In just about every good article or book you read on time management and productivity, the author will mention the importance of protecting your time and energy.
This is a sure-fire strategy to feel more in control, get more accomplished, and reduce the amount of stress in your life.
With so many benefits it begs the question, “Why is it so hard to protect your time?”
In order to protect your time you need to set and enforce new boundaries – which can mean being less available to others.
And this can make people uncomfortable/reluctant/guilty/anxious/etc. on both sides of the equation.
It makes sense. People have gotten used to your “open door policy” or your willingness to drop everything to help them out. You like being their for others and hate having to say “No” to people who are counting on you.
Setting new boundaries is a tricky business.
Here are some real-world examples of what it looks like when you start protecting your time.
How To Protect Your Time In Real Life
- When you used to say, “Yes” to your boss’s unrealistic deadline you now say, “No” or “Not now but next week”.
- When you used to instantly respond to chat/email/text/phone you now wait until the timing is right for you to respond.
- When you used to drop what you were doing to hear the latest drama from your lovesick co-worker, you now hold her off until lunch…or never.
- When you used to stay late you now delegate more so you can get to your favorite exercise class.
- When you used to let the office blowhard derail yet another meeting you now interrupt him and get everyone back on track (even if the blowhard is your boss).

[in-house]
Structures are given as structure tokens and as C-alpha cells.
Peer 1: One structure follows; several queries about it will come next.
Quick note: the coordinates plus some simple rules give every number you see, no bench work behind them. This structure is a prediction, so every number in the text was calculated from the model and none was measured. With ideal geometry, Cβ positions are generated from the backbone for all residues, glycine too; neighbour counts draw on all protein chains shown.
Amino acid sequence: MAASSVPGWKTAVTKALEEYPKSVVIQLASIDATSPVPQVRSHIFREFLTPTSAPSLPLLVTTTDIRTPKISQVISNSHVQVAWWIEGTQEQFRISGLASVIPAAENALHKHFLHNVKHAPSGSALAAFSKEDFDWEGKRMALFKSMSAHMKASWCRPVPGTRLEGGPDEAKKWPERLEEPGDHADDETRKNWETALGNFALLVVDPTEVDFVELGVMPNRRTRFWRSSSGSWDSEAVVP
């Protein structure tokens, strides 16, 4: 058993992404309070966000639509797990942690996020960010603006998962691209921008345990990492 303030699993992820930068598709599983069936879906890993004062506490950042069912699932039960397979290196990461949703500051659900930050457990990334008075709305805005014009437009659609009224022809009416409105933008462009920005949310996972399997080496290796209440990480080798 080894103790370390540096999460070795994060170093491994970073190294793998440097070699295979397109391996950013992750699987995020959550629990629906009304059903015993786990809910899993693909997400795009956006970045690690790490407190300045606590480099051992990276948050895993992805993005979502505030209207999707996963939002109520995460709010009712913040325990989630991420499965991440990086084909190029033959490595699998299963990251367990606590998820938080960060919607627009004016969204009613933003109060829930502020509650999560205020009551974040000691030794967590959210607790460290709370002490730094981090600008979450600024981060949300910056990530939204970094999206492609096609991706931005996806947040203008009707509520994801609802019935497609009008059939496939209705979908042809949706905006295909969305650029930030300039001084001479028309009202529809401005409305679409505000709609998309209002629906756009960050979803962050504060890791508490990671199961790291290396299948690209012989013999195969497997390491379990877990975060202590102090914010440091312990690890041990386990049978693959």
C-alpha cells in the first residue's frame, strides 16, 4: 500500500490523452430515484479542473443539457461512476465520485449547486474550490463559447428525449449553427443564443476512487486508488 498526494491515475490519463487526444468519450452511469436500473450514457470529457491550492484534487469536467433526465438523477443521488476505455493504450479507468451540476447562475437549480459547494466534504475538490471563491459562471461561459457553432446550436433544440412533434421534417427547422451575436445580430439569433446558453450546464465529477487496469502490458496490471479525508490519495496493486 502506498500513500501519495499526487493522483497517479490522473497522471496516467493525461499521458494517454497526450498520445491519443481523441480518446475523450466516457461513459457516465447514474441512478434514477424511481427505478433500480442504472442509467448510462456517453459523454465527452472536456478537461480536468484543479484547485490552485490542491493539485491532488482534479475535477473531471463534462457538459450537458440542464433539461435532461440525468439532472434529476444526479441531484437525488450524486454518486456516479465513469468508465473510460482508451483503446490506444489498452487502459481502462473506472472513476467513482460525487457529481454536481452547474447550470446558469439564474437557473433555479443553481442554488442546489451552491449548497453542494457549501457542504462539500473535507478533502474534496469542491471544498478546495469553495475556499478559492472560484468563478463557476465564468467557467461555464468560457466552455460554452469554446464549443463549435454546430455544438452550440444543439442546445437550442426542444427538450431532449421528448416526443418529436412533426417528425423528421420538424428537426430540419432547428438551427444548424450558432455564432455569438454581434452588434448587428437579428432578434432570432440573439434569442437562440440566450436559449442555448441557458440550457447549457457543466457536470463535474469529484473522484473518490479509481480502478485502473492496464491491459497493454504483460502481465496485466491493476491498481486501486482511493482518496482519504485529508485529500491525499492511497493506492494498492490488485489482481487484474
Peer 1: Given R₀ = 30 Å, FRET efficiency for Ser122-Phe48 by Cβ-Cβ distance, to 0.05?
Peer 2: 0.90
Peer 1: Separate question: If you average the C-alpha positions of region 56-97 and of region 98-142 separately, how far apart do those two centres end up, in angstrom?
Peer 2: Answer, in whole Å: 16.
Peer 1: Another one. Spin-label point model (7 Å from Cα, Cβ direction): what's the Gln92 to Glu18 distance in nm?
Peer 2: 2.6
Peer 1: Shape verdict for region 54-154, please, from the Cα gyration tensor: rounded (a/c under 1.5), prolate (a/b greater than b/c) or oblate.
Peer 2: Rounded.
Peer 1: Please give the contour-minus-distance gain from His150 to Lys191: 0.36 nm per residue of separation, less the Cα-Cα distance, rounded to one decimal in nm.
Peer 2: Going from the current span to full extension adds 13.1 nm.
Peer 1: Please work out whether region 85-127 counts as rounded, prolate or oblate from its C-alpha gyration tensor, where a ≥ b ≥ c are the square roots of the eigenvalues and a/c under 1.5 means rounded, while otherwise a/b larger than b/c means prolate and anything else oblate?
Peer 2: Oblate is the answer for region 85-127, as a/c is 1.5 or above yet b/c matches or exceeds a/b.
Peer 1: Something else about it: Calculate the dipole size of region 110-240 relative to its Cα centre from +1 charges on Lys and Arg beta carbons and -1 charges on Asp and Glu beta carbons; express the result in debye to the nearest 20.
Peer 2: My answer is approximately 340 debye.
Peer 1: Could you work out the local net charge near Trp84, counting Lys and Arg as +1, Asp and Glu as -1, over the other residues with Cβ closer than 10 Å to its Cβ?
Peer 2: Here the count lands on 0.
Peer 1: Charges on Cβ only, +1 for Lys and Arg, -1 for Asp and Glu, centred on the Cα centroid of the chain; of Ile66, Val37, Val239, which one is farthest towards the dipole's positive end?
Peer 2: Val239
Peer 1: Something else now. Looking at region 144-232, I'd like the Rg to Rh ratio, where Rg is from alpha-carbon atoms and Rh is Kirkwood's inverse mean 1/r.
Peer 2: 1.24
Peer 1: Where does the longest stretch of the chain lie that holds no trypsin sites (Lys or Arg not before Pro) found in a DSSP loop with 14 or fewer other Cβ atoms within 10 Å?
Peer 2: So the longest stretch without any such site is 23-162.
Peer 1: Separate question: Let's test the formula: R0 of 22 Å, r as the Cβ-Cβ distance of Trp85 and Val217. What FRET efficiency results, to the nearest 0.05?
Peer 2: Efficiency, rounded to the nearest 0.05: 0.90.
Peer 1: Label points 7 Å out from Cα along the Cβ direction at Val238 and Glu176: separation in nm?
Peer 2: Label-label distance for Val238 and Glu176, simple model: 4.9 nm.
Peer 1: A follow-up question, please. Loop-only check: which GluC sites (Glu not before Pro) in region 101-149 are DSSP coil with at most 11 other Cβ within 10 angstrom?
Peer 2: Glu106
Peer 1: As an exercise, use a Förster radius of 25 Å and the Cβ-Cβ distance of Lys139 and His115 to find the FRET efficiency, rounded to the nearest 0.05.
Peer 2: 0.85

- When you used to leave your office door open inviting a free-for-all of interruptions you now protect your heavy thinking time by shutting your door – even if people don’t normally do this.
How did you feel reading through this list?
Uncomfortable? Empowered? Guilty? Intrigued?
All of the above?
It makes sense that implementing these kinds of changes can be challenging.
Because at your core you want to be there for people. You are a doer. A helper. A pleaser. A figure-it-outer.
And if you were to truly design your life to support your highest priorities you couldn’t be there for everyone all the time.
But here’s the nut of it:
You can’t be there for everyone all the time anyway.
You are just pretending that you can.
You are also pretending that showing up for others at the detriment of your own needs is just as helpful. Let’s be clear: it’s not.
Your self-deception is keeping you locked inside the I-can-do-it-all prison and your cellmates are resentment, anger, martyrdom, and guilt.
So how do you set boundaries without feeling guilty?
- Let go of trying to make others happy. Your best shot at taking care of others is to take care of yourself first. Respect your own needs and stop taking responsibility for how others feel. People will ultimately follow your lead and begin to respect your time and their own time more.
- Get clear on why you are protecting your time. Conceptually we understand that this strategy will help us do more by working less. Still, reminders of this are helpful. Design a way to remind yourself of this critical insight as often as necessary.
- Communicate to those necessary. Depending on the situation it can make sense to inform others of your new time boundaries. Reminding people throughout the transition phase is also helpful.
- Encourage others to follow your lead. Share your time protection strategies with others (though allow them to come up with their own system). Remember that you are now a powerful example whom others will look up to.
- Get support. Let those close to you know what you are taking on and how they can help you through this process.
Owning your time, your priorities, and your focus is a powerful position to operate from. When you step up, you are giving permission for others to do the same.
Instead of guilt, this is definitely a skill you can feel proud of.
Now it’s your turn. I want to hear from you.
What strategies have you learned to protect your time? How do you handle others’ reactions to your boundaries? Be sure to share your comments below.